Clodronate. A review of its pharmacological properties and therapeutic efficacy in resorptive bone disease

G L Plosker, K L Goa
Drugs 1994, 47 (6): 945-82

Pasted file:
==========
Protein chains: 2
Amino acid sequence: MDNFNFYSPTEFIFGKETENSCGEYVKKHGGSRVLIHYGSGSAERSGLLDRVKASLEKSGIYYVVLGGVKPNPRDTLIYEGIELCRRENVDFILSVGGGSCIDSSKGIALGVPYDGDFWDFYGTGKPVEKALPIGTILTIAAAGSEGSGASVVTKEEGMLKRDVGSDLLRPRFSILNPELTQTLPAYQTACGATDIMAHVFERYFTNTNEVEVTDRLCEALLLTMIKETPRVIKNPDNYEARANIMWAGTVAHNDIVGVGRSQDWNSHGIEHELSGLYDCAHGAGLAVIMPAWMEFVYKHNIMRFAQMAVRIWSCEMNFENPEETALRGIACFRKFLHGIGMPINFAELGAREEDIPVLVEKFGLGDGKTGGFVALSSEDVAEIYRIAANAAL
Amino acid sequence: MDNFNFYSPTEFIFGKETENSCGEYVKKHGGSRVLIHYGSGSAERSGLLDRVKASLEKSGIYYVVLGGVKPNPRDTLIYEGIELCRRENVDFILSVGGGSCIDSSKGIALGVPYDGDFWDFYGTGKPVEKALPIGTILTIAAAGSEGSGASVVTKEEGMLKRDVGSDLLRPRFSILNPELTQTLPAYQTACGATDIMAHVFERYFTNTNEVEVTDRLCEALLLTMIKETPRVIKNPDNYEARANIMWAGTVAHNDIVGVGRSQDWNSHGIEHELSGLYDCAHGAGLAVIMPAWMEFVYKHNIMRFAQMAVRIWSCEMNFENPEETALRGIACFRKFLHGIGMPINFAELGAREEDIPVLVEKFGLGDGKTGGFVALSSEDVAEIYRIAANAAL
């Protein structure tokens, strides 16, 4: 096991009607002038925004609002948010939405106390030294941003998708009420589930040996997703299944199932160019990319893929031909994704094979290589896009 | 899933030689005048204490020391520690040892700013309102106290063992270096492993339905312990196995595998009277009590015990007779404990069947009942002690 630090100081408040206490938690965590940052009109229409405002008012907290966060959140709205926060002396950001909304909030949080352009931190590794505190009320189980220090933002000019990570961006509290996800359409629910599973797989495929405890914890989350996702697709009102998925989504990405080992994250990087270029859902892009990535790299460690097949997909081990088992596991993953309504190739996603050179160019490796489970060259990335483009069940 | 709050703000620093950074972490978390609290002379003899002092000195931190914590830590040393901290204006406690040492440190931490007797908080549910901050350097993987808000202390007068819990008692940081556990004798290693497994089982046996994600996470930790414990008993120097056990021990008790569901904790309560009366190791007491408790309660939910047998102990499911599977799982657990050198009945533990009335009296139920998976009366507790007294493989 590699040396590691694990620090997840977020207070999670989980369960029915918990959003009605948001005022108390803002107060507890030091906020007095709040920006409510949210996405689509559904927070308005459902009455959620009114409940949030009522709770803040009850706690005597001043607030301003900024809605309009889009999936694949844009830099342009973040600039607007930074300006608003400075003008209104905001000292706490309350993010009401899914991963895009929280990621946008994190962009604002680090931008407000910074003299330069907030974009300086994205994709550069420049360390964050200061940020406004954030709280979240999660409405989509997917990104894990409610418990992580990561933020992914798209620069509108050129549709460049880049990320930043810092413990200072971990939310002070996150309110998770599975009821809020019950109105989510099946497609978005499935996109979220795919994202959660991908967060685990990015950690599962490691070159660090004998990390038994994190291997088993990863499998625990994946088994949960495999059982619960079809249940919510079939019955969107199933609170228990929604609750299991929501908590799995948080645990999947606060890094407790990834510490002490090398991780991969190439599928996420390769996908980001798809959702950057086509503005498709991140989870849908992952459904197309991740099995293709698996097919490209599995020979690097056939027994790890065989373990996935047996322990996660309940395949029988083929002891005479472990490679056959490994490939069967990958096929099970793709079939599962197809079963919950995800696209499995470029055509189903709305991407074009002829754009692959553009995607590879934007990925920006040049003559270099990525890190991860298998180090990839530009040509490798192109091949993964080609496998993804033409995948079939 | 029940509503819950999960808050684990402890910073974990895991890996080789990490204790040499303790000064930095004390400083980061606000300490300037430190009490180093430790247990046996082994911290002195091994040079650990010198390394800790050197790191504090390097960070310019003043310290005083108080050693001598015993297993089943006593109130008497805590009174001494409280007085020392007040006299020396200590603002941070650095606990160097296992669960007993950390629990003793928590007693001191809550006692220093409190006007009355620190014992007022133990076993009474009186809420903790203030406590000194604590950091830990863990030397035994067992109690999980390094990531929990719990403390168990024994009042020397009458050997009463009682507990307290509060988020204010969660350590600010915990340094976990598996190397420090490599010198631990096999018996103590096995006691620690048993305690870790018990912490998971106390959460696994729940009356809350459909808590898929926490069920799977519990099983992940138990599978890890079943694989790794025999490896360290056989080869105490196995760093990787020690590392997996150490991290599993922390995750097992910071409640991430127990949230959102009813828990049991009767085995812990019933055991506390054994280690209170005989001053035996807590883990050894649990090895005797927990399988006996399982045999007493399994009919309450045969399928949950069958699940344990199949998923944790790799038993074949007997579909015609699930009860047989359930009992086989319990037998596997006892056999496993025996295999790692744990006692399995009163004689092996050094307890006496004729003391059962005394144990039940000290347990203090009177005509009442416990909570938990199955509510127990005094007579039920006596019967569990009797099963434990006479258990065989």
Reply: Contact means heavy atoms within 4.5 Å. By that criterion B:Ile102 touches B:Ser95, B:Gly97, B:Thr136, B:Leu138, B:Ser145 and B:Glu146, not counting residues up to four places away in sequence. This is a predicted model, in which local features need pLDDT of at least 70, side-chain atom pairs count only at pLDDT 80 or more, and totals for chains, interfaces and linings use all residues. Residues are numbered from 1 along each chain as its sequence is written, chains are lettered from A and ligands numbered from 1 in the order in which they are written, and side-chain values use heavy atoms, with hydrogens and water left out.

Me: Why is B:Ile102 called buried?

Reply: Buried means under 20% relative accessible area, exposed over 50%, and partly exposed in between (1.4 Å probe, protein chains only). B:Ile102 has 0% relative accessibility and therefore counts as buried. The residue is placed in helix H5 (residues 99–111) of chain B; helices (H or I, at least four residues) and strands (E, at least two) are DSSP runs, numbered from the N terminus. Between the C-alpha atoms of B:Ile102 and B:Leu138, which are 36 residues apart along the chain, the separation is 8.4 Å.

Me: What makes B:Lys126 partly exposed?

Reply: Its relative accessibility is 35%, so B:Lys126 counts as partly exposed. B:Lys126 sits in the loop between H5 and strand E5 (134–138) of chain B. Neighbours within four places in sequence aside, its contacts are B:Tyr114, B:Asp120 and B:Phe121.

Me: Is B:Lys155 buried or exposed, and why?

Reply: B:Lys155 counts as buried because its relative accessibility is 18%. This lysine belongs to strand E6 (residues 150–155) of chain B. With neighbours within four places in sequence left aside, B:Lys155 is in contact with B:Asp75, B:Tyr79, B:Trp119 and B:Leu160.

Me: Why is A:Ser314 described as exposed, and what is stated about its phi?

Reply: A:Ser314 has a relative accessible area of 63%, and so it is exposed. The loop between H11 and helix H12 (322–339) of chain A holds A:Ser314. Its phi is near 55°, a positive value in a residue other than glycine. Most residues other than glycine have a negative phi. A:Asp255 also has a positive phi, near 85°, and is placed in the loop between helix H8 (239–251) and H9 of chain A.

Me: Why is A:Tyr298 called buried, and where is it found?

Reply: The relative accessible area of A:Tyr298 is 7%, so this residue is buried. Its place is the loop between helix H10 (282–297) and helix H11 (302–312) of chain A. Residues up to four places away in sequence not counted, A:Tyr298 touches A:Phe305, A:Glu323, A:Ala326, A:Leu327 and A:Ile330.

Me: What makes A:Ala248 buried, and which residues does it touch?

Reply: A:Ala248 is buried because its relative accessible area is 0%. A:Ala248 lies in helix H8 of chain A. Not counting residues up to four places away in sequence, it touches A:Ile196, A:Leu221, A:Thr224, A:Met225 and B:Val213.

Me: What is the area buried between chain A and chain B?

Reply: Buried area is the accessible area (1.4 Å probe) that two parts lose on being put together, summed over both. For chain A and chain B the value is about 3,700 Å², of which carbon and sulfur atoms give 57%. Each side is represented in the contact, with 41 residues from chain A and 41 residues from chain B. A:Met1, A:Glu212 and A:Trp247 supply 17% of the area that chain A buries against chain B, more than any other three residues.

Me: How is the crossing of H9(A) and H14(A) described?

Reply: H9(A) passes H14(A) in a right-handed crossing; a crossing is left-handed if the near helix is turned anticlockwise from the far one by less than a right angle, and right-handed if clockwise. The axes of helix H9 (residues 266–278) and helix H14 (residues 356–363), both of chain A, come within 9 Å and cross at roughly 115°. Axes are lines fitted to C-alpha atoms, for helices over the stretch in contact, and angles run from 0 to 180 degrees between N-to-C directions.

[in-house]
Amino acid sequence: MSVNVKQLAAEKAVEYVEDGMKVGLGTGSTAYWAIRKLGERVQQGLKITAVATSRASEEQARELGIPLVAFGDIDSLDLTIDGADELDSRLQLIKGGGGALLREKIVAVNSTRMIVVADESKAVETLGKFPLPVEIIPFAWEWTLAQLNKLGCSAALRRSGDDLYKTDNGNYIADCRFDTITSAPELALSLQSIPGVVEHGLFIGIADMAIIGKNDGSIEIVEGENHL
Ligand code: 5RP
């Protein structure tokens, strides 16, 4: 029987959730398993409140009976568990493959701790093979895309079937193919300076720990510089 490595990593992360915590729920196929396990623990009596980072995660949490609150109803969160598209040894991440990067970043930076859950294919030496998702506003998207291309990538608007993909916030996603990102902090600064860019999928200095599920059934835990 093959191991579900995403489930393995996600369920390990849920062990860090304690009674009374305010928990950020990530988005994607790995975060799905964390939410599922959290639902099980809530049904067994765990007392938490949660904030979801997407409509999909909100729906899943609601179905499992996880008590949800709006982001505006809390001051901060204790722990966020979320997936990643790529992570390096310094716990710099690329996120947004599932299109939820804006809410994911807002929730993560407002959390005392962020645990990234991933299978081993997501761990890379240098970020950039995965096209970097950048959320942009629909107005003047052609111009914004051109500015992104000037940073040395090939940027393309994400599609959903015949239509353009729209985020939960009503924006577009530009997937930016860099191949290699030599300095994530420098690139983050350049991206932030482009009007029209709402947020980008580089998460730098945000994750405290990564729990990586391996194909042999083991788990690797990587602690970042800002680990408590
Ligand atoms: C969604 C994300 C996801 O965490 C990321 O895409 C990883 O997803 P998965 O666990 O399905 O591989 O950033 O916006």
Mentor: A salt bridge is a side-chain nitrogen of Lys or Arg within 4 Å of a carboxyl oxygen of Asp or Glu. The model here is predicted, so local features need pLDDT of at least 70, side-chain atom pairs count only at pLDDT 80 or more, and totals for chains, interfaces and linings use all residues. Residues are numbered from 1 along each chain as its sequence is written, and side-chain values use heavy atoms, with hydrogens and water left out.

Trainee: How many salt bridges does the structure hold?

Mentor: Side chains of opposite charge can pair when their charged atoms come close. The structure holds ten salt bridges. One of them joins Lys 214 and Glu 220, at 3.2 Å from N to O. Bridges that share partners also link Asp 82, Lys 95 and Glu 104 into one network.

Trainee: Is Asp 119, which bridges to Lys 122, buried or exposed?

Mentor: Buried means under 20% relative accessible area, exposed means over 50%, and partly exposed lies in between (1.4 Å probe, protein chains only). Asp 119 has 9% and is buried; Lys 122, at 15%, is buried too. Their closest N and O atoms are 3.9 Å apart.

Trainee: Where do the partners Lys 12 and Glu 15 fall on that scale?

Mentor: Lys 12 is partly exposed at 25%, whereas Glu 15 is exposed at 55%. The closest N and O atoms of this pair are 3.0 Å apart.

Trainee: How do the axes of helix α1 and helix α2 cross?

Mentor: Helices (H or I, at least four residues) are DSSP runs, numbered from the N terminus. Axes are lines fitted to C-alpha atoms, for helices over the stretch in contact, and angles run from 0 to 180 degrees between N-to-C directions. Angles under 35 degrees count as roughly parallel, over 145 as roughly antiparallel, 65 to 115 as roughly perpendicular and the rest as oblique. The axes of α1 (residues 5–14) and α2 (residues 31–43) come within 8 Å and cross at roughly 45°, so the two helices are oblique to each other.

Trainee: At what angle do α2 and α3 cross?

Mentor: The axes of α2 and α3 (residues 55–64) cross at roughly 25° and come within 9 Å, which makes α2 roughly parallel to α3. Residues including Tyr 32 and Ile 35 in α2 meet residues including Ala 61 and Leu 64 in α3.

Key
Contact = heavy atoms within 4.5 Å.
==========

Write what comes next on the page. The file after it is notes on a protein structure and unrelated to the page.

Clodronate (clodronic acid, dichloromethylene bisphosphonate) is a bisphosphonate which has demonstrated efficacy in patients with a variety of diseases of enhanced bone resorption including Paget's disease, hypercalcaemia of malignancy and osteolytic bone metastases. In addition, early reports demonstrating potential efficacy of clodronate in the treatment of osteoporosis suggest a possible role in this debilitating disease. Short term intravenous administration (usually 300 mg/day for 5 days) or longer courses of oral clodronate (usually 1600 mg/day for 6 months) effectively reduced bone pain and/or improved mobility in most patients with Paget's disease, and these effects persisted for up to 12 months after discontinuing clodronate. When administered intravenously (300 mg/day for up to 12 days) to patients with malignant hypercalcaemia, serum calcium levels declined significantly within 2 days of starting treatment and approximately 70 to 95% of patients became normocalcaemic. While there is less experience with oral administration, clodronate (800 to 3200 mg/day) achieved normocalcaemia in the majority of patients, usually within 1 week, and serum calcium levels remained significantly reduced from baseline for up to 6 months with continued treatment. Clodronate is clearly superior to placebo and, based on a retrospective analysis, appears to produce greater and more sustained reductions in serum calcium levels than calcitonin in patients with malignant hypercalcaemia. The few available prospective comparative trials showed that clodronate is at least as effective as etidronate, but comparisons with alendronate and pamidronate produced results of questionable clinical relevance because of low bisphosphonate dosages used in these trials. Nevertheless, single intravenous doses of clodronate 600 mg or alendronate 7.5 mg (both agents repeated on day 3 if necessary) were comparable in efficacy, whereas a single intravenous dose of pamidronate 30 mg was more effective than a single intravenous dose of clodronate 600 mg. Normocalcaemic patients with osteolytic bone metastases due to advanced breast cancer experienced significant reductions in the number of episodes of hypercalcaemia and terminal hypercalcaemia, incidence of vertebral fractures and overall rate of morbid events, including the need for radiotherapy to treat bone-related pain, following treatment with clodronate 1600 mg/day for 3 years in a large placebo-controlled study. A similar large placebo-controlled trial in patients with multiple myeloma demonstrated that clodronate 2400 mg/day orally for 2 years significantly reduced progression of osteolytic bone lesions. Follow-up data from clinical trials revealed that the effects on development of fractures and hypercalcaemia persisted for at least 12 months after the drug was discontinued.(ABSTRACT TRUNCATED AT 400 WORDS)

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